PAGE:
There is no official role for Mike Shanahan, 64, on his son’s staff with the 49ers. But the father has attended several of the team’s practices this offseason, including both days of the 49ers’ mandatory minicamp this week. Mike has been issued his own iPad that gives him access to the 49ers playbook and coach's film. He will likely visit for an extended stay during training camp. But Kyle said he believes his dad will mostly remain home -- only a phone call away -- during the regular season.

“He’s enjoying life right now,” said Kyle, 37. “He’s got a pretty good deal in Denver, where he lives. He can help me out in other ways anyways without having to be here every day.”

Mike Shanahan does not need to be in the building every day to counsel and have influence on his son as he tries to navigate his first season as the head coach while also maintaining the responsibilities of running the team’s offense.

“You’re going 1,000 miles an hour,” Kyle Shanahan said. “Sometimes to see everything you’ve got to really slow things down and take your time to look at stuff and you don’t always have that time as a head coach.

“It’s nice when someone you know who thinks similar to you has a similar background and he just sits in a room all day and watches stuff. He doesn’t have any other responsibilities. He can see some things that I’m not always seeing and just to bring things to light that maybe I missed or other people have missed.”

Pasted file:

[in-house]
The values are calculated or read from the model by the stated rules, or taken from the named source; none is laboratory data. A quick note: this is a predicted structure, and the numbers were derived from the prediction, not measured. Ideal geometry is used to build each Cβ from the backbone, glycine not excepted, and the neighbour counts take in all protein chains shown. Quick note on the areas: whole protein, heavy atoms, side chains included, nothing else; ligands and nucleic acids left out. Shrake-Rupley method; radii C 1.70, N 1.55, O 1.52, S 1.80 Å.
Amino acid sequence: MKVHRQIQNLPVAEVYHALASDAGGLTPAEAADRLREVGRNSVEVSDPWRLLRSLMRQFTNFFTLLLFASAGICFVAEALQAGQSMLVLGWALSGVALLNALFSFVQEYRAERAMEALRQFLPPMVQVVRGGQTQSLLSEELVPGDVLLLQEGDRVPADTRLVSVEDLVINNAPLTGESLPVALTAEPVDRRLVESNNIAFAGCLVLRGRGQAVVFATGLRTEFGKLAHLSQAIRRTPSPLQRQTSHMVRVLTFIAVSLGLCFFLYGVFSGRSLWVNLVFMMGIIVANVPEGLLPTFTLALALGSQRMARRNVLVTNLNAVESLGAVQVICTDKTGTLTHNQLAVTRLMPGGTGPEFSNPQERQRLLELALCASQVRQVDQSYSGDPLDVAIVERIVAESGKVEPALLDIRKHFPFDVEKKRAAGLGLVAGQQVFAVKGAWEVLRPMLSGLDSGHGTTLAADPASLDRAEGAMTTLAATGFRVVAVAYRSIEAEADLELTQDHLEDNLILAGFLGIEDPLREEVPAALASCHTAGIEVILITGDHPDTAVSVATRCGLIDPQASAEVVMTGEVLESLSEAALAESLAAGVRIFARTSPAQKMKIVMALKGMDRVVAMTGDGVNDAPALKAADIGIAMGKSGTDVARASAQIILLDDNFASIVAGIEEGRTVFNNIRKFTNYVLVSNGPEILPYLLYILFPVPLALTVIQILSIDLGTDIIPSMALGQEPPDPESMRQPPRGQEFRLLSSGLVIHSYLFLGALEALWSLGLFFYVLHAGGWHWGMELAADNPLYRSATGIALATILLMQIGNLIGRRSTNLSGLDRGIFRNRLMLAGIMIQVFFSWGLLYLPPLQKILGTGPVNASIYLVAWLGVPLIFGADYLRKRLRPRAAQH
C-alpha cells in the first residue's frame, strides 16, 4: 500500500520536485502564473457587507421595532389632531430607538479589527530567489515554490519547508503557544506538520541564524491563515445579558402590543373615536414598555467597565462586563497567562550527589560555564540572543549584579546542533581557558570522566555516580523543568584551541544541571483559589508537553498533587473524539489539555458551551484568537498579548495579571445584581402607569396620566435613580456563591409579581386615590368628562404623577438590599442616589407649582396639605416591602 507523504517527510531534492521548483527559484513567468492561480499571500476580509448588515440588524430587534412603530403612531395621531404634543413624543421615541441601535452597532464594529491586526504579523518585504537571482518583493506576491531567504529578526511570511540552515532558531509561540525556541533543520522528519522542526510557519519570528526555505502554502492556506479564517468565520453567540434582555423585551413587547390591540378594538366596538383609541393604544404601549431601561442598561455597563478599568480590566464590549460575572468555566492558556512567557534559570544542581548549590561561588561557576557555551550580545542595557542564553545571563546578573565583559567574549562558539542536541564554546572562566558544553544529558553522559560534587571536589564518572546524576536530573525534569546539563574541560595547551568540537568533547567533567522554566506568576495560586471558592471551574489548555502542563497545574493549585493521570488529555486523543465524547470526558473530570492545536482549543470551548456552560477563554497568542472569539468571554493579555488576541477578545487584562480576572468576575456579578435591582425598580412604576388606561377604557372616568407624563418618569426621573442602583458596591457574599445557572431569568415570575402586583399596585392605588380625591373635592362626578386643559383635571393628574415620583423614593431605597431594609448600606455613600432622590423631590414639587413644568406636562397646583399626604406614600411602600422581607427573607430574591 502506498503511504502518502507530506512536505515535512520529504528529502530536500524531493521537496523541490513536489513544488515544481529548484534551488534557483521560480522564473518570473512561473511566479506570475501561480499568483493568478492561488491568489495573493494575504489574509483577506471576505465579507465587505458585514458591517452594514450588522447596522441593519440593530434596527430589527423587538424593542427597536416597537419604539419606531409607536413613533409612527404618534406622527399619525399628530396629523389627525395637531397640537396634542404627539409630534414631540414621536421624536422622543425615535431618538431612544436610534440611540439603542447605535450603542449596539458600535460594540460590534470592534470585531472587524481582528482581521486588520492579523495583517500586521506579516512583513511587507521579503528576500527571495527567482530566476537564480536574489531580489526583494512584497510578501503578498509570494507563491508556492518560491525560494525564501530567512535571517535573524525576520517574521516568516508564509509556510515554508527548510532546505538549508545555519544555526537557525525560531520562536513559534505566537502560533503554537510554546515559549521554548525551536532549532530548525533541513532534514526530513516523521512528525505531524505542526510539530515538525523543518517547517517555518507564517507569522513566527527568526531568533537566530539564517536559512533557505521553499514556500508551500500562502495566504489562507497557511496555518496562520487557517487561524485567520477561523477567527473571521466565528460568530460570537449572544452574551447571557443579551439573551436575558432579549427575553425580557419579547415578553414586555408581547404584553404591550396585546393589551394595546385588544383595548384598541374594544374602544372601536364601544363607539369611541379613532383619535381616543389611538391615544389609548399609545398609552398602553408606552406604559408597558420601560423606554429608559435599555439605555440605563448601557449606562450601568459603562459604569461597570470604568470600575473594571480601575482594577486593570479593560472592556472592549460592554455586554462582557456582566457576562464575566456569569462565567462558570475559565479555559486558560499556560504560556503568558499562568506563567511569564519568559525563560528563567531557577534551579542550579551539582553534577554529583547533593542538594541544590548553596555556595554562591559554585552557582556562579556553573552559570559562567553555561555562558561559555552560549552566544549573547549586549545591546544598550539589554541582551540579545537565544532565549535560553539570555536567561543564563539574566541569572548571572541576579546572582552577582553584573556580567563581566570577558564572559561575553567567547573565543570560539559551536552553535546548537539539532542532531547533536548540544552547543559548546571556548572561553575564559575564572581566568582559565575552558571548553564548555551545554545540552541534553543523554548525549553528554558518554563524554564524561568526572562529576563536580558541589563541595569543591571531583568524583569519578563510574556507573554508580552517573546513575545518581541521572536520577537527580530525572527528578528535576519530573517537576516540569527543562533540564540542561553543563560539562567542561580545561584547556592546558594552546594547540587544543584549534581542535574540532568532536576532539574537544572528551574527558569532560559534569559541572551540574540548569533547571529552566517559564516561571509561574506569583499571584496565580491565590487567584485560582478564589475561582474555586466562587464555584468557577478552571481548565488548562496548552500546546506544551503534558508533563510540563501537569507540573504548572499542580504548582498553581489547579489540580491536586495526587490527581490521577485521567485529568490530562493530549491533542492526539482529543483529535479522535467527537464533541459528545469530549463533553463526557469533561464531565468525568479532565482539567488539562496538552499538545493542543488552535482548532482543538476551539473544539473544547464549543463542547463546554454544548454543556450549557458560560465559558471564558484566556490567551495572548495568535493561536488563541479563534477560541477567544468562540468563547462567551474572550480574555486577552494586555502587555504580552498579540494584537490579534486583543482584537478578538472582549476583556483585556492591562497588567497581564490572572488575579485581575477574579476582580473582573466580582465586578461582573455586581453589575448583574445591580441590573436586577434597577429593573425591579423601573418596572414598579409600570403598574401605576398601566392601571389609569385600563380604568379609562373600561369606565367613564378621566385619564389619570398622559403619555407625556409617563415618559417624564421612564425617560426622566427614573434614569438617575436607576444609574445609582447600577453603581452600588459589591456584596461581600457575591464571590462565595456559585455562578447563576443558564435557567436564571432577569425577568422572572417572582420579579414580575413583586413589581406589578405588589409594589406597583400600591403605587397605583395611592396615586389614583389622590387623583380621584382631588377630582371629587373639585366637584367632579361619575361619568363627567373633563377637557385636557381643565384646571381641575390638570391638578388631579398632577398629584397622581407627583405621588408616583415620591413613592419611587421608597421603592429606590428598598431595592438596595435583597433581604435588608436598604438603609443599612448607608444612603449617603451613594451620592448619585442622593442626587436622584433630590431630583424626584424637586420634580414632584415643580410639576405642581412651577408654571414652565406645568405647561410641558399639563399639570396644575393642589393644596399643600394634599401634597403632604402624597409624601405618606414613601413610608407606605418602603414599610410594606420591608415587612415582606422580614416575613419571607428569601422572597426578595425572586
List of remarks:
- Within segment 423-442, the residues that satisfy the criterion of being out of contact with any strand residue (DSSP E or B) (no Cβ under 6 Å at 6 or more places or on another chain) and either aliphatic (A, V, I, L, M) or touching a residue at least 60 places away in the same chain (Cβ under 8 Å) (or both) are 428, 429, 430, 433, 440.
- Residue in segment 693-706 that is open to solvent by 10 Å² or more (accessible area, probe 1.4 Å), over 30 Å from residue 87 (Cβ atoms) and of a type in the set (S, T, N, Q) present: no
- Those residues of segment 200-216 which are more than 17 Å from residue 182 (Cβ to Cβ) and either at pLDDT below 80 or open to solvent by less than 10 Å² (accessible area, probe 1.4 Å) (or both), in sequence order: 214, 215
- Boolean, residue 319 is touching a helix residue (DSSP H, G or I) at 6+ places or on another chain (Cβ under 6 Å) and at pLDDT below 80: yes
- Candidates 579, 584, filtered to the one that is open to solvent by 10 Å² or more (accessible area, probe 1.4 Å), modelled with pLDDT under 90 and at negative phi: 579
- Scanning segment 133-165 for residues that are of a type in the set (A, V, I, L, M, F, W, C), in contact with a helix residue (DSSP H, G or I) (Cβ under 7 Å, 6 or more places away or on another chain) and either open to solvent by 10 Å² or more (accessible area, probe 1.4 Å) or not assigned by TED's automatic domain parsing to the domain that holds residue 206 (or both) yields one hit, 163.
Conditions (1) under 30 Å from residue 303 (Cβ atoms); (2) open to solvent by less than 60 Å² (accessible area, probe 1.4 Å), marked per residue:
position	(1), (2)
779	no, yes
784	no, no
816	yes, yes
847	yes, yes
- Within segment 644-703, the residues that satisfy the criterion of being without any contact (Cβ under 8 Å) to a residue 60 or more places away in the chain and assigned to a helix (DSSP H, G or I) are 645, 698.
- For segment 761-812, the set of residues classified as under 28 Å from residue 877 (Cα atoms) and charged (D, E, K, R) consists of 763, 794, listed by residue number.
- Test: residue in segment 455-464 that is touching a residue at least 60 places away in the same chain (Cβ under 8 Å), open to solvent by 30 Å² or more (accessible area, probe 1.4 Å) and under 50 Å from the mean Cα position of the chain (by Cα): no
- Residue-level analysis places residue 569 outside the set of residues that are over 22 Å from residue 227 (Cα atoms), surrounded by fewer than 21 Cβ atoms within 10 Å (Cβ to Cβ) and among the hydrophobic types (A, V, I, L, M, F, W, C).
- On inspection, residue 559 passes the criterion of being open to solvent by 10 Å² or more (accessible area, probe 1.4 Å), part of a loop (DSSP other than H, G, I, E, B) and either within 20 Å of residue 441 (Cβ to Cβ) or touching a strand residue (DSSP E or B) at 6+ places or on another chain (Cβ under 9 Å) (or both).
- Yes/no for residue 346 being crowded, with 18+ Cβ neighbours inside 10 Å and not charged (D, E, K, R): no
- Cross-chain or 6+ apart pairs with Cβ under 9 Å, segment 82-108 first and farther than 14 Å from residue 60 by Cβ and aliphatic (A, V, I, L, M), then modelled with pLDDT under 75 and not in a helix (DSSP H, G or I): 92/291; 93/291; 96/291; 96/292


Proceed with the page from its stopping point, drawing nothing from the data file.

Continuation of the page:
Mike Shanahan was a successful NFL offensive coordinator for seven seasons. He won a Super Bowl on George Seifert’s staff with the 49ers in January 1995. His dad believes his time around the 49ers has a lasting impact.

“When I was with San Francisco, Kyle was at the 49ers training camps in Rocklin,” Mike Shanahan told Fangirl Sports Network. “He stayed with me at camp and we talked about football every night.

“He had the opportunity to experience an organization that had won four Super Bowls in nine years. He also had the opportunity to be around some great people and leaders. He still tells stories and talks about people like Steve Young, Joe Montana, Harris Barton, Tom Rathman, Jerry Rice, John Taylor, Deion Sanders, and many others. What a great experience to see how these men handled themselves on and off the field.”

The Denver Broncos hired him to become head coach shortly after the 49ers’ 49-26 victory over the San Diego Chargers in Super Bowl XXIX. Shanahan went on to win two Super Bowls in his 14 seasons with the Broncos.